Recall Dr. Stahl’s rant in August when he accused the critics of chasing Pharma out of CNS Development [myopia – uncorrected…]:
Two of the biggest defectors are the two British companies Astra Zeneca and GSK, who have shuttered all their laboratories for mental health research for good, closing facilities all over the world including those the US, UK and Italy and elsewhere. Also, Pfizer bought Pharmacia/Upjohn and closed their CNS research center in Kalamazoo, Michigan; bought Parke Davis and closed their CNS research center in Ann Arbor, Michigan; bought Wyeth and closed their CNS research center in Princeton, NJ; and then for good measure closed their own CNS research center in the UK. Merck closed their CNS research center in the UK where I worked in the 1980s, then bought Organon/Schering Plough and closed their CNS research center in the UK/Scotland for good measure. I could go on and on. This has had a devastating impact especially on the US and the UK. In fact, the UK has gone from a leader in CNS Pharma Research Centers, to having no big Pharma CNS research at all, with thousands of unemployed R and D scientists there and no prospect of CNS therapeutic innovation coming from their shores in the foreseeable future.
In that post, he announced a meeting in England around the time of the ECNP at the Royal Society of Medicine on this topic:
So, we have gotten what many of us have asked for. No Pharma. But that also means no new drugs. This has sparked a crisis in mental health therapeutic research worldwide but especially in the UK and US. The UK in fact is having a crisis meeting at the Royal Society of Medicine in August, where I am attending with about a dozen others, including the head of the NIMH from the US, the head of the MRC from the UK, and various UK and US academic and industry leaders to discuss what we should do about this. The last time I went to such a meeting was in 1987, where I co-chaired a meeting on this same topic with the famous Paul Janssen [now deceased], the prize winning inventor of Haldol, Risperdal, Fentanyl, Lomotil, and more. At that time I stated that the future could not be more promising. What a difference 25 years makes! Returning now to the same Royal Society of Medicine with others, but now with our collective tail between our legs, we are stating that “things could not be worse.” Were the last 25 years of mental health treatments discoveries so worthless as to discard these efforts for the future?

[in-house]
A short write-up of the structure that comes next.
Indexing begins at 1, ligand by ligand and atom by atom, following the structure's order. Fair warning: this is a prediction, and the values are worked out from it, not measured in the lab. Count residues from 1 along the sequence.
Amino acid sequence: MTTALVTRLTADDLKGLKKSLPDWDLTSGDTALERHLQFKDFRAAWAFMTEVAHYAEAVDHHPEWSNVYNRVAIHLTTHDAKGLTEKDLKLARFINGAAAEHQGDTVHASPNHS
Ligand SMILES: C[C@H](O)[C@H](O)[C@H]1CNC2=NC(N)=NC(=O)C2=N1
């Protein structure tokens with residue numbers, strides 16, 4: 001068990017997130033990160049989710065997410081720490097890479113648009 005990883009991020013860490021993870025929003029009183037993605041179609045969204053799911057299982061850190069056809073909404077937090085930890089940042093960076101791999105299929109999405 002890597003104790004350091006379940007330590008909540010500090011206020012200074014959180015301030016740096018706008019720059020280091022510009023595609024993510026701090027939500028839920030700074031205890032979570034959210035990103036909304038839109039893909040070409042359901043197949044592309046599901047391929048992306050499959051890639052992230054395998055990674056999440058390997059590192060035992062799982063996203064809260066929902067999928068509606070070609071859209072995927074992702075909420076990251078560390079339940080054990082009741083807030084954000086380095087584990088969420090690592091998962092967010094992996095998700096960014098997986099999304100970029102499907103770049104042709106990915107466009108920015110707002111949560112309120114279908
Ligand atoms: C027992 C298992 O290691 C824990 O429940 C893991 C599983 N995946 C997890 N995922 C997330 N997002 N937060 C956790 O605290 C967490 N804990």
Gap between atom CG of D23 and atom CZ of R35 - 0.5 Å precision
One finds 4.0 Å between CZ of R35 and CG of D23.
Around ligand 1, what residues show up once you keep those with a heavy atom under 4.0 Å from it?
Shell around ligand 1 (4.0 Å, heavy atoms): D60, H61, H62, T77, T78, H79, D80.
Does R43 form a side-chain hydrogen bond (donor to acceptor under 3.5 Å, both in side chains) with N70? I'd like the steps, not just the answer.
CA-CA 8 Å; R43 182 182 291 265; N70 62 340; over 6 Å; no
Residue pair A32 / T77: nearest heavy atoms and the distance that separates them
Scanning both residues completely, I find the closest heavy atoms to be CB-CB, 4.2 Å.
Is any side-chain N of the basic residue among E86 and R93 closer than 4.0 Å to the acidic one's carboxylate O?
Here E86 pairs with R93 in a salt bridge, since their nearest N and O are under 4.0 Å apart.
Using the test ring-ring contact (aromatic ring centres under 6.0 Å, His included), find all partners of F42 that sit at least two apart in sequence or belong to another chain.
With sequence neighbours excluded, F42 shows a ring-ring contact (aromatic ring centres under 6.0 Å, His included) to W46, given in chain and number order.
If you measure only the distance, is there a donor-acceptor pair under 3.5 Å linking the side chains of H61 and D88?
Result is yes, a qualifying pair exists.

… a meeting at which Tom Insel chided the pharmaceutical industry:

The third change was the recognition that mental ill health is a complex mix of genetic and experiential factors. “This is not new,” he [Tom Insel] affirmed. “But what is new is the ability to probe the genetics of the disorder.” But whether the drug industry will take up the challenge, in the absence of plentiful molecular targets, is unclear, he suggested. “[It] has invested in me too compounds—and sometimes in compounds that are identical to someone else’s. And let’s be frank, that has worked really well for them,” he said. But he declared, “Antipsychotics and antidepressants are not very good.” Much more research into the biology of mental illness was needed, he said.